Hon. Mrs. Birch: Mr. Speaker, I certainly will be discussing that particular incident with the Ministry of Health and hopefully checking into why such a home was allowed to operate without a licence.

Mr. Laughren: Supplementary: Does the minister have any idea at all how many senior citizens are housed in such accommodations across this province, and who is responsible for their safety? Would she stress very strongly to the Minister of Health (Mr. Timbrell) or to the Minister of Community and Social Services (Mr. Norton) that these people need to be protected, and that it requires provincial legislation that could be passed and supervised by the municipality in which the homes are located?

Hon. Mrs. Birch: I can certainly assure the member that it will be investigated. We do appreciate the responsibility of ensuring that senior citizens have that kind of protection. As I’m sure the member knows, there are a great many programs for senior citizens in this province and it’s rather difficult to ensure that every private home where senior citizens are housed is protected by this kind of fire protection. But we certainly will be looking into it.

Mr. S. Smith: Supplementary: When the minister is looking at this would she also look into reports, which may or may not be factual, that there were a great number of beds available at a nearby home for senior citizens -- in fact 20 or 30 beds were available -- and that these citizens were living in this particular boarding arrangement for reasons unknown, but possibly related to financial criteria and difficulty in obtaining access to these empty beds? These reports may or may not be accurate, but would she be good enough to look into them and report to the House?

Hon. Mrs. Birch: Yes, I will.

Mr. Laughren: Supplementary: Did the minister understand that part of my question when I asked her if she had any idea how many people live in such accommodations in the province?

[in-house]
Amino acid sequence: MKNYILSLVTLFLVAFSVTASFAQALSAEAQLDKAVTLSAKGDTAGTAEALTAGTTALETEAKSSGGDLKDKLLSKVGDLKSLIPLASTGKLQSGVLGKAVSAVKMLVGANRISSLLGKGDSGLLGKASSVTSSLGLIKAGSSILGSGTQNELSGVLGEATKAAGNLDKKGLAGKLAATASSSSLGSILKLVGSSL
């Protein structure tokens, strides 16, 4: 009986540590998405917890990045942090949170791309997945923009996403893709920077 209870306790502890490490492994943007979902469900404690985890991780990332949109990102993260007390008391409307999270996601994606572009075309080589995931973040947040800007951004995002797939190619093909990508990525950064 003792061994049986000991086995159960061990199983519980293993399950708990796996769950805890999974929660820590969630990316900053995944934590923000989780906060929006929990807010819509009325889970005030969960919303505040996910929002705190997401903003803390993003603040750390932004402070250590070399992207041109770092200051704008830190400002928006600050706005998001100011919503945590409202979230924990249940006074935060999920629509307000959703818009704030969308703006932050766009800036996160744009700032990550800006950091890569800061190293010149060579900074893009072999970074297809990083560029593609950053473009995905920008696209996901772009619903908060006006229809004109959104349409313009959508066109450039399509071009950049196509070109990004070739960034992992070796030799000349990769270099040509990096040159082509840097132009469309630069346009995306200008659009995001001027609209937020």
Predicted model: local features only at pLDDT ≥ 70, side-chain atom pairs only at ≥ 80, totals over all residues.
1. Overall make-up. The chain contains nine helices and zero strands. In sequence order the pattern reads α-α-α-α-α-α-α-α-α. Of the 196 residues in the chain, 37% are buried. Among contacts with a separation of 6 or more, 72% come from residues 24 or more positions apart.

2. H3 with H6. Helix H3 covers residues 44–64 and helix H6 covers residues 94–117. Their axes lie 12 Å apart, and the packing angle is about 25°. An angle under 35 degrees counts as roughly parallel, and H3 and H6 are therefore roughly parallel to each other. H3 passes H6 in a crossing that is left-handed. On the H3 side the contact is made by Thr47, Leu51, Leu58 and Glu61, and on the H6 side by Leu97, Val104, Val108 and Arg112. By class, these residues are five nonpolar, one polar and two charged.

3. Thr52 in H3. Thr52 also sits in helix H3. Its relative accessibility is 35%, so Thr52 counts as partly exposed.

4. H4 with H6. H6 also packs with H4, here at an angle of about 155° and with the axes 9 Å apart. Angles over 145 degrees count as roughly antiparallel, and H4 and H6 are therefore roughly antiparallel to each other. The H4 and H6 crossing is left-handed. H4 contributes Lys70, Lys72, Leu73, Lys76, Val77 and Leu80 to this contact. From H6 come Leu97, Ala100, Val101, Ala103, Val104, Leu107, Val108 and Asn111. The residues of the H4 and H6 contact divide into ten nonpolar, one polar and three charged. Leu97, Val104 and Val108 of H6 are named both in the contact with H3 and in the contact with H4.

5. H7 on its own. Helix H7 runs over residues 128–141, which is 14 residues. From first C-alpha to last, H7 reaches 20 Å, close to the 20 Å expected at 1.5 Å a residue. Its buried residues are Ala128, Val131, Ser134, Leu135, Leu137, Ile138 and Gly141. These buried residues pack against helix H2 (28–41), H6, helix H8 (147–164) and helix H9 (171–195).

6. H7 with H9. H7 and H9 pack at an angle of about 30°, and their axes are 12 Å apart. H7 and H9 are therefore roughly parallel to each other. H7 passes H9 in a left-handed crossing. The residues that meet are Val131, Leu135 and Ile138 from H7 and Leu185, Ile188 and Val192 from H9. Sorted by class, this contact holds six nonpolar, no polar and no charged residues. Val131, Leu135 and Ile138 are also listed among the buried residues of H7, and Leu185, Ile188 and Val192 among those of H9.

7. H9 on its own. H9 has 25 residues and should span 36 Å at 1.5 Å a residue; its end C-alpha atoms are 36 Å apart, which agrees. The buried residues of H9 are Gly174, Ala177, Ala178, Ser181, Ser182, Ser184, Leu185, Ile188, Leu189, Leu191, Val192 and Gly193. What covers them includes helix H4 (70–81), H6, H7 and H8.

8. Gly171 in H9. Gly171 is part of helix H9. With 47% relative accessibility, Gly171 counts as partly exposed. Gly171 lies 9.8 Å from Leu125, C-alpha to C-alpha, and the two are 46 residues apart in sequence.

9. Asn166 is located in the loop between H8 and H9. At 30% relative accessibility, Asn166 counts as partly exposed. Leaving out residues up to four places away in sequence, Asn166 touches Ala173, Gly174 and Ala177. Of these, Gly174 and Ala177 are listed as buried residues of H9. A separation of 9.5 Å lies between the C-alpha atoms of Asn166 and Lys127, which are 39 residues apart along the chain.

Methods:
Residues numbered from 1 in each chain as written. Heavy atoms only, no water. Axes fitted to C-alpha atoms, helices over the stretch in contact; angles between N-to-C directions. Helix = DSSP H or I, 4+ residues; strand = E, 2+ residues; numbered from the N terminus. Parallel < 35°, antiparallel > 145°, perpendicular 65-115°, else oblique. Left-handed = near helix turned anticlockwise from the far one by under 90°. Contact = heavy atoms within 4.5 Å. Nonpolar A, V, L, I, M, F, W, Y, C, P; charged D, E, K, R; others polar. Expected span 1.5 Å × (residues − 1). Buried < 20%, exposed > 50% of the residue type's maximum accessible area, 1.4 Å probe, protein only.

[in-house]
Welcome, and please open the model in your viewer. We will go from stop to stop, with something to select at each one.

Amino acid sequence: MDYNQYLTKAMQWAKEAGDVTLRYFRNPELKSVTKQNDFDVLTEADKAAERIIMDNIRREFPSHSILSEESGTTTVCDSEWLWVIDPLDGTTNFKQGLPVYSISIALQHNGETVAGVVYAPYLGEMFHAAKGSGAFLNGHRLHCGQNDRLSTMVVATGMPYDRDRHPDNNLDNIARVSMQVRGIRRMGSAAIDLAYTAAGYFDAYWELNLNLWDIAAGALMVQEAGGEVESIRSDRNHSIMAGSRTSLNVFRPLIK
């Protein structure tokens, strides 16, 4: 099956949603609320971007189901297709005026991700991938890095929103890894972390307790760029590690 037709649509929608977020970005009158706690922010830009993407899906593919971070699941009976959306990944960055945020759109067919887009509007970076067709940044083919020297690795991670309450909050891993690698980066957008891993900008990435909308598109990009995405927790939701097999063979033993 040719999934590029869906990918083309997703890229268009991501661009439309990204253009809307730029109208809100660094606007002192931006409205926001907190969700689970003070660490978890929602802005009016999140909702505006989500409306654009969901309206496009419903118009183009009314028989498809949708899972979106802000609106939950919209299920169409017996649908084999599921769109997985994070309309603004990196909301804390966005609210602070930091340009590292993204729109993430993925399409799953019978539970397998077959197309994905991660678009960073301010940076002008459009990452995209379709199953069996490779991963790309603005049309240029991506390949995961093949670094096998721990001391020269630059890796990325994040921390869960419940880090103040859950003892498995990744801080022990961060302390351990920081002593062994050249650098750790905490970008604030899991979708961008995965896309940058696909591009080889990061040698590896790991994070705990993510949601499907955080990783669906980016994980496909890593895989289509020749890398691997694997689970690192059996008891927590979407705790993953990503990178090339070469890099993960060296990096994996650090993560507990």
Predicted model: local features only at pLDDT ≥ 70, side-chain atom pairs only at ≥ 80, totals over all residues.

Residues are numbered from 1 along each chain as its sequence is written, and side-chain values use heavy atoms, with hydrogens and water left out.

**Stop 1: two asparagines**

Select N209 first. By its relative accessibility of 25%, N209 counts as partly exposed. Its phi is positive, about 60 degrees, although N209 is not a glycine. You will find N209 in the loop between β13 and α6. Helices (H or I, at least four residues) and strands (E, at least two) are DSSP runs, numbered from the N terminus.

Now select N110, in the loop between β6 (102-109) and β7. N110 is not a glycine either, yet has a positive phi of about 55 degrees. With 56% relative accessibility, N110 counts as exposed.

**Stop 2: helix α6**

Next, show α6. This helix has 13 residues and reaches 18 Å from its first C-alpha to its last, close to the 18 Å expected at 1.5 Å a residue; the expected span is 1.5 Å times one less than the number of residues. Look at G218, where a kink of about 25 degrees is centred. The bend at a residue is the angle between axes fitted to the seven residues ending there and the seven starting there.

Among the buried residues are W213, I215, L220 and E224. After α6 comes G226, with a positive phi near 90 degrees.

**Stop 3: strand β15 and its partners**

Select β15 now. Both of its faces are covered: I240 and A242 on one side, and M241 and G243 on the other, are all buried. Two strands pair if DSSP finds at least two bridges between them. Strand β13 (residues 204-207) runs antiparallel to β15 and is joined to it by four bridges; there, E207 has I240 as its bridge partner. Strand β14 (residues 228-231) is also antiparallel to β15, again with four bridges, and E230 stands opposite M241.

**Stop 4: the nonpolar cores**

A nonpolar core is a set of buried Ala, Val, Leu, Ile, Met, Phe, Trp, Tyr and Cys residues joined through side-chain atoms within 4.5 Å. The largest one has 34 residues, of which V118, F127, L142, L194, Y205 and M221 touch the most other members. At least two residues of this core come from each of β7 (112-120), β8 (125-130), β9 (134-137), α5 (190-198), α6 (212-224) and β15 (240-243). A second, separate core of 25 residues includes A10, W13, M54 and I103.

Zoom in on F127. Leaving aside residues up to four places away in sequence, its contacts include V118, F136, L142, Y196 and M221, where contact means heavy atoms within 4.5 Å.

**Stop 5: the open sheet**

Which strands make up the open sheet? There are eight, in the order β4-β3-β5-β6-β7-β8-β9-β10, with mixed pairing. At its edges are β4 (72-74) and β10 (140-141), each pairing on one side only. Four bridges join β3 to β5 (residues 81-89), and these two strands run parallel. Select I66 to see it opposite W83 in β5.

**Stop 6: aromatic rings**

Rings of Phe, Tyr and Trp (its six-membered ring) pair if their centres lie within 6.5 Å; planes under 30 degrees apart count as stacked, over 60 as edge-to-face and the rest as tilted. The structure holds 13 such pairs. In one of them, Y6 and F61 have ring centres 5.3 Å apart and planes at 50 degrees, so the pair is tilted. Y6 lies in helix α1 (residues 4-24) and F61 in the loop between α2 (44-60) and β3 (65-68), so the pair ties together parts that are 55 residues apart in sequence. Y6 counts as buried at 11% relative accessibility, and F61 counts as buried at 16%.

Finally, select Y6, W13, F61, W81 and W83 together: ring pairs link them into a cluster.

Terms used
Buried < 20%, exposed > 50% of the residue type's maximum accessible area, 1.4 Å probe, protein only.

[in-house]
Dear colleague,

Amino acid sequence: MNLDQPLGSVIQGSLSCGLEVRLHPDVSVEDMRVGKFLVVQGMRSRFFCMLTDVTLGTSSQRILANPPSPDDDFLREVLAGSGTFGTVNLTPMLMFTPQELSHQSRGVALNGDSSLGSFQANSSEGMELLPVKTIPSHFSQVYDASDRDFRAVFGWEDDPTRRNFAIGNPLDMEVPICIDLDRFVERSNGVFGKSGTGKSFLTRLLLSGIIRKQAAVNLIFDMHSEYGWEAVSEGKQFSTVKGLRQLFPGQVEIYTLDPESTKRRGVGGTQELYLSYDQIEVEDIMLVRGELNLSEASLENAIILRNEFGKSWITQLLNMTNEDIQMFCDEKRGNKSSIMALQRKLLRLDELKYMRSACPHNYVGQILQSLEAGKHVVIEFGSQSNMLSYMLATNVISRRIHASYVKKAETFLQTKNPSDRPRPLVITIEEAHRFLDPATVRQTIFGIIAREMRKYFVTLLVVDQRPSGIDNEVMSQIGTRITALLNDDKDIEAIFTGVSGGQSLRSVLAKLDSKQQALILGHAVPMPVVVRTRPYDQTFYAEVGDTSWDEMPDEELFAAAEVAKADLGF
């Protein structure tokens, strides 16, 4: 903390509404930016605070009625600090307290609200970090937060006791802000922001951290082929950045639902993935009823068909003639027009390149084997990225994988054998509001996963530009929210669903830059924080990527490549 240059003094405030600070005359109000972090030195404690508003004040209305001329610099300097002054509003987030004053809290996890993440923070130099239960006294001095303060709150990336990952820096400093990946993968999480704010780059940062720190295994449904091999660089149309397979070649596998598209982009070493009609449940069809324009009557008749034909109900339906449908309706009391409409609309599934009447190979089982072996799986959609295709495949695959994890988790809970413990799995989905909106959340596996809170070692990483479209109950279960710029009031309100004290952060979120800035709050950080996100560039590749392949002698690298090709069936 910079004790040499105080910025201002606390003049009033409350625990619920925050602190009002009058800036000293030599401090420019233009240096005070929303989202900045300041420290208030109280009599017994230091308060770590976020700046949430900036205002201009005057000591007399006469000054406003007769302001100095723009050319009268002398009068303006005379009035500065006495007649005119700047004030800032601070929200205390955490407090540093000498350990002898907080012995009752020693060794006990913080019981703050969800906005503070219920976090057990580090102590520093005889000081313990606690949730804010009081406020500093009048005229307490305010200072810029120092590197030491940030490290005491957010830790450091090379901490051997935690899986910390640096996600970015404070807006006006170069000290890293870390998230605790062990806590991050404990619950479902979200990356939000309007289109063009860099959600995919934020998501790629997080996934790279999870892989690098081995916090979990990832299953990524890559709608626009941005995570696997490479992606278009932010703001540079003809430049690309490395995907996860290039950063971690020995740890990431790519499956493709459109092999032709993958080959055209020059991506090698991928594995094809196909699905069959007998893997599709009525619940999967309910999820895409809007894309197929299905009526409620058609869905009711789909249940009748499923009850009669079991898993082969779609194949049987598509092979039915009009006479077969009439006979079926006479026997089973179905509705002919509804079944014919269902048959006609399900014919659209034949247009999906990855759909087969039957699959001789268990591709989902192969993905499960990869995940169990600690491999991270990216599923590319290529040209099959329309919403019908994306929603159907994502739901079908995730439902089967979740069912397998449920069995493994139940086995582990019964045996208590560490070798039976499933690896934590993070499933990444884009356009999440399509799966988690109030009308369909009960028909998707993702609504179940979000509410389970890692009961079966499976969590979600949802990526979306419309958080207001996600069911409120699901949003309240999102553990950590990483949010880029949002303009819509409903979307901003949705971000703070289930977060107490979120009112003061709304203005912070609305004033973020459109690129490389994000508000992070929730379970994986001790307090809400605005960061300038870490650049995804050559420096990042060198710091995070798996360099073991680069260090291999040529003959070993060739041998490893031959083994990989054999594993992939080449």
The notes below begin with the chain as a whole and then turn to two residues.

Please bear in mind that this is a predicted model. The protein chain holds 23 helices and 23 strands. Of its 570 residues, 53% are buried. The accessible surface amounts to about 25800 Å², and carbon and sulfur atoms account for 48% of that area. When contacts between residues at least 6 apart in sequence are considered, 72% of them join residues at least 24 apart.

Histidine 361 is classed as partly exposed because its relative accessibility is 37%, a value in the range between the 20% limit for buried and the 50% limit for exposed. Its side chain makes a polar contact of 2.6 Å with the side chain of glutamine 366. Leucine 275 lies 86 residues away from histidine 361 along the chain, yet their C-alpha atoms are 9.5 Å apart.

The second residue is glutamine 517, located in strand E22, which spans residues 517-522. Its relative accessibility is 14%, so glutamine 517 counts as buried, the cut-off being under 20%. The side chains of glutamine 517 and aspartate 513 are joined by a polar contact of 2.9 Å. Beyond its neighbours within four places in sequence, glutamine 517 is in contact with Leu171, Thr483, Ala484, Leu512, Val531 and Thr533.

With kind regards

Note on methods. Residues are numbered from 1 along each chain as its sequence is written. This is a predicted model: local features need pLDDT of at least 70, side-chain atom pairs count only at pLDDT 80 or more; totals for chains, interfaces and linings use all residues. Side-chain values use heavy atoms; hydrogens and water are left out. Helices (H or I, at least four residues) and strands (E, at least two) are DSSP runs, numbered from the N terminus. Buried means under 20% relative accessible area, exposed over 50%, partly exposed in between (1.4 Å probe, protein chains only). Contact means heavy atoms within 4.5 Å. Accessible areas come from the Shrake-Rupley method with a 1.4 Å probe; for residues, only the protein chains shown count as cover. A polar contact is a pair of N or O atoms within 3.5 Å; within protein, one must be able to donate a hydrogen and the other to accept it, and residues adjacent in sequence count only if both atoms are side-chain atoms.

Hon. Mrs. Birch: I thought I made that very clear. No, I don’t have.


Mr. G. E. Smith: I have a question for the Minister of Northern Affairs. Since the decision to withdraw rail passenger service between Toronto and North Bay by the Ontario Northland Railway was taken before the Canadian Transport Commission agreed to underwrite the 80 per cent subsidy on operating deficits, will the Ontario Northland now reconsider restoring this service?

Hon. Mr. Bernier: I am not aware that the CTC and the CNR have come to some agreement with regard to the subsidy. I think there was some passing of the ball in the backfield. There were some overtures that they would assist, but when it came down to the nitty-gritty, as many of the members of this House will know, as to getting any actual commitment the commitment was never forthcoming.

I indicated to the CNR that if they wanted to reinstate and use the Northlander service for the weekends -- because they’re using their conventional systems now -- we would be willing to undertake that particular suggestion. But, at this point in time, I have not heard officially from the CTC that they are willing to accept that 80 per cent subsidy and at what price and what figure.

Mr. G. E. Smith: Supplementary: Assuming that they do accept and the Ontario Northland would then receive the same funding from the Transport Commission as the other two major carriers, will the minister consider reassessing regular stops between Toronto and North Bay not only by the Northlander but the regular Ontario Northland rail service, keeping in mind that the public purse is subsidizing the operation and that Ontario Northland should be assessing where the maximum passenger usage is coming from? Would the minister assure me of that?